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October 18, 2020

Pakistan has serious level of hunger, ranks 88th in 107 countries

Business

October 18, 2020

LAHORE: Pakistan lags far behind almost all countries in the region in the Global Hunger Index (GHI) – a tool that gauges undernourishment, stunting and weight of children to assign scores.

“In the 2020 Global Hunger Index, Pakistan ranks 88th out of 107 countries with sufficient data to calculate 2020 GHI scores,” said a report. “With a score of 24.6, Pakistan has a level of hunger that is serious.”

With a score of 24.6, Pakistan has a level of hunger that is categorised as serious. In comparison, Bangladesh ranks 75th out of the 107 countries with a score of 20.4, falling in the category of serious while Iran ranks 39th out of the 107 countries with a score of 7.9, having low category.

Sri Lanka ranks 64th with a score of 16.3, showing moderate level of hunger while Nepal ranks 73rd with a score of 19.5, having moderate level of hunger. Afghanistan ranks 99th with a score of 30.3, showing a serious level of hunger, according to the report, which was released on Friday.

India has failed to perform well as compared to Pakistan. India ranked 94th. The GHI is a tool designed to comprehensively measure and track hunger at global, regional, and national levels. The index is a peer-reviewed annual report, jointly published by Concern Worldwide and Welthungerhilfe, designed to comprehensively measure and track hunger at the global, regional, and country levels. The aim of the GHI is to trigger action to reduce hunger around the world.

GHI scores are calculated using a three-step process that draws on available data from various sources to capture the multidimensional nature of hunger. First, for each country, values are determined for four indicators including undernourishment, which illustrates the share of the population having insufficient caloric intake, child wasting that means the share of children under the age of five who have low weight for their height and child stunting. Lastly, GHI includes assessment about child mortality reflecting children under the age of five in a category of the fatal mix of inadequate nutrition and unhealthy environments.

“Given the current trajectory, the goal of achieving zero hunger by 2030 will not be fully achieved,” said the report. “This likelihood is evident even before factoring in the impact of the COVID-19 pandemic, which is already reducing food and nutrition security around the world, with additional effects expected into the future.”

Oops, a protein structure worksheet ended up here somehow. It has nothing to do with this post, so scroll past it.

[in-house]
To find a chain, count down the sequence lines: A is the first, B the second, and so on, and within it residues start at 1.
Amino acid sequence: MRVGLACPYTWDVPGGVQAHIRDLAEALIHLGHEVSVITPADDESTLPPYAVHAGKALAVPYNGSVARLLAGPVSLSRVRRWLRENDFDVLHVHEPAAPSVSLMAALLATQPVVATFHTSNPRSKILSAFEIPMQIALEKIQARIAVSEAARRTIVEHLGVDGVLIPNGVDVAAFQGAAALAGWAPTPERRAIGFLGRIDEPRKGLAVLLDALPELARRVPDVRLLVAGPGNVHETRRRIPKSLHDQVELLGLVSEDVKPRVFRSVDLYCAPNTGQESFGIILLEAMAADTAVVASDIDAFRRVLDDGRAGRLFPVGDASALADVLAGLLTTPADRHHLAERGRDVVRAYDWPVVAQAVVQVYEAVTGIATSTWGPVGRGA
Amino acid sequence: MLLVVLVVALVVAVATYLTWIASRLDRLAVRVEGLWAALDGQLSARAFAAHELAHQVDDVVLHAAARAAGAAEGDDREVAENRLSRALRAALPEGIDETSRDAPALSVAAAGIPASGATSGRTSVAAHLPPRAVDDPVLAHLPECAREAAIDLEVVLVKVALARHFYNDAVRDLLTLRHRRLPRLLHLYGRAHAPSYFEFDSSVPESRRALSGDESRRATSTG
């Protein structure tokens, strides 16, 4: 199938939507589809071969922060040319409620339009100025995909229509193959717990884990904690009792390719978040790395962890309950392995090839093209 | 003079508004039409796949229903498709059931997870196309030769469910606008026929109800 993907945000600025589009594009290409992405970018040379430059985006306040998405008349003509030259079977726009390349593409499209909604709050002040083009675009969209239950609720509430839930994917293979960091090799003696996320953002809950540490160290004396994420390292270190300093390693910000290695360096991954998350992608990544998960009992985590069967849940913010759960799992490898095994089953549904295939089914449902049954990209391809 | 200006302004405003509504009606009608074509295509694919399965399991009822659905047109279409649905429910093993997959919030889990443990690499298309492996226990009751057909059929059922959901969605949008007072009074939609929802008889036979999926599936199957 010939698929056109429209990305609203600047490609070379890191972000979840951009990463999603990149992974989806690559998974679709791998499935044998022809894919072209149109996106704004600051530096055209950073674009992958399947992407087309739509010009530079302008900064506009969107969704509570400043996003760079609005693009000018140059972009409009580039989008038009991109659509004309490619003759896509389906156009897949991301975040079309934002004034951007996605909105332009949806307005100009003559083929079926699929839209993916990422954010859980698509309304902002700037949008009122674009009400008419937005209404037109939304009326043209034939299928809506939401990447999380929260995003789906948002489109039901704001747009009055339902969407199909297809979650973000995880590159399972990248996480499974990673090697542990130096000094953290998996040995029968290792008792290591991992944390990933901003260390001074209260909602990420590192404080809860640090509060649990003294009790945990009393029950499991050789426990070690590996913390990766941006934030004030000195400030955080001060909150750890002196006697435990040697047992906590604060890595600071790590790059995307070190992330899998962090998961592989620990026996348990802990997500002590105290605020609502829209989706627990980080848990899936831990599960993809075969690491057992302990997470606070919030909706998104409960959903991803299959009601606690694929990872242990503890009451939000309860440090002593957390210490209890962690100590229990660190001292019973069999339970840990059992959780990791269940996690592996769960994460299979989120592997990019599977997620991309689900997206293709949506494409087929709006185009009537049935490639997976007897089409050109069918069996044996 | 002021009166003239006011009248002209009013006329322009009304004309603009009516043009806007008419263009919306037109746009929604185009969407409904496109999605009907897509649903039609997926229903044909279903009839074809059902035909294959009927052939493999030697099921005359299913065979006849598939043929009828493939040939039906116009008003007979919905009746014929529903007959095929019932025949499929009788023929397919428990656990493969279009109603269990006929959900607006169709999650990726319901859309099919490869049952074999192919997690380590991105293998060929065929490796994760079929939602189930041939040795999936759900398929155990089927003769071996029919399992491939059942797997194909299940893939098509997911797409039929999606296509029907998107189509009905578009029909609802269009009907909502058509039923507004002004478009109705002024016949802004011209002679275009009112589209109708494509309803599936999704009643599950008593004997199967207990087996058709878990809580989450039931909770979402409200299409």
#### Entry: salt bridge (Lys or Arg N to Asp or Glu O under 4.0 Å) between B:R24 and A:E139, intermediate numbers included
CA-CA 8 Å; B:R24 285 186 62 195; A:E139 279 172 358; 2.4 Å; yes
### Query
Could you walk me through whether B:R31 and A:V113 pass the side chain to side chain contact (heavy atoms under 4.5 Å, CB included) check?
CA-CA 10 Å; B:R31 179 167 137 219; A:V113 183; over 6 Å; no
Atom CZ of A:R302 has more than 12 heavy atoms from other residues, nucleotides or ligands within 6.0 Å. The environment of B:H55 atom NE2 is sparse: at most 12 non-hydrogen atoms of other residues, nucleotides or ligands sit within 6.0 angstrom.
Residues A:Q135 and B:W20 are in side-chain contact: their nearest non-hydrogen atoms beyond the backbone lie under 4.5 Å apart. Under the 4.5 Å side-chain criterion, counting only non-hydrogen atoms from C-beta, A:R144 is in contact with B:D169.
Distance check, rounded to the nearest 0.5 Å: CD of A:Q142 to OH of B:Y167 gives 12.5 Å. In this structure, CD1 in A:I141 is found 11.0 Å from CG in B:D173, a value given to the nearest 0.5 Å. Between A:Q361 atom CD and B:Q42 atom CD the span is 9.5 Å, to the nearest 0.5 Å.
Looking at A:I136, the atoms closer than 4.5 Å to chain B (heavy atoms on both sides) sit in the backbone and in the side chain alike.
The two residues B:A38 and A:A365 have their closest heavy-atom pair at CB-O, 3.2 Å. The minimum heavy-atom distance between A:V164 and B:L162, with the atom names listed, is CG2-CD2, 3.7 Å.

The governments were advised to ensure the right to adequate and nutritious food for all and to end hunger.

“We must not only reshape our food systems to become fair, healthy, resilient, and environmentally friendly but also integrate them into a broader political effort to maximise the health of humans, animals, and our planet,” said the report. “To support smallholder farmers in becoming sustainable and diversified producers, governments, donors, the private sector, and NGOs must seek to improve those farmers’ access to agricultural inputs and extension services, coupling local and indigenous agricultural knowledge with new technologies.”

Local and regional food markets should be strengthened, especially through support for farmers to be organised, fair farm-gate prices, and better links between rural and urban areas. Food should be priced not only by its weight or volume but also by its nutrient density, its freedom from contamination, and its contribution to ecosystem services and social justice.

“To achieve this, governments and stakeholders should educate the public about the importance of these attributes and require appropriate labeling,” said the report. “To curb the spread of agricultural pests and diseases, governments must promote sound biosecurity practices throughout value chains.”

All countries must promote, develop, and implement circular food economies—that is, economies that recycle resources and materials, regenerate natural systems, and eliminate waste and pollution.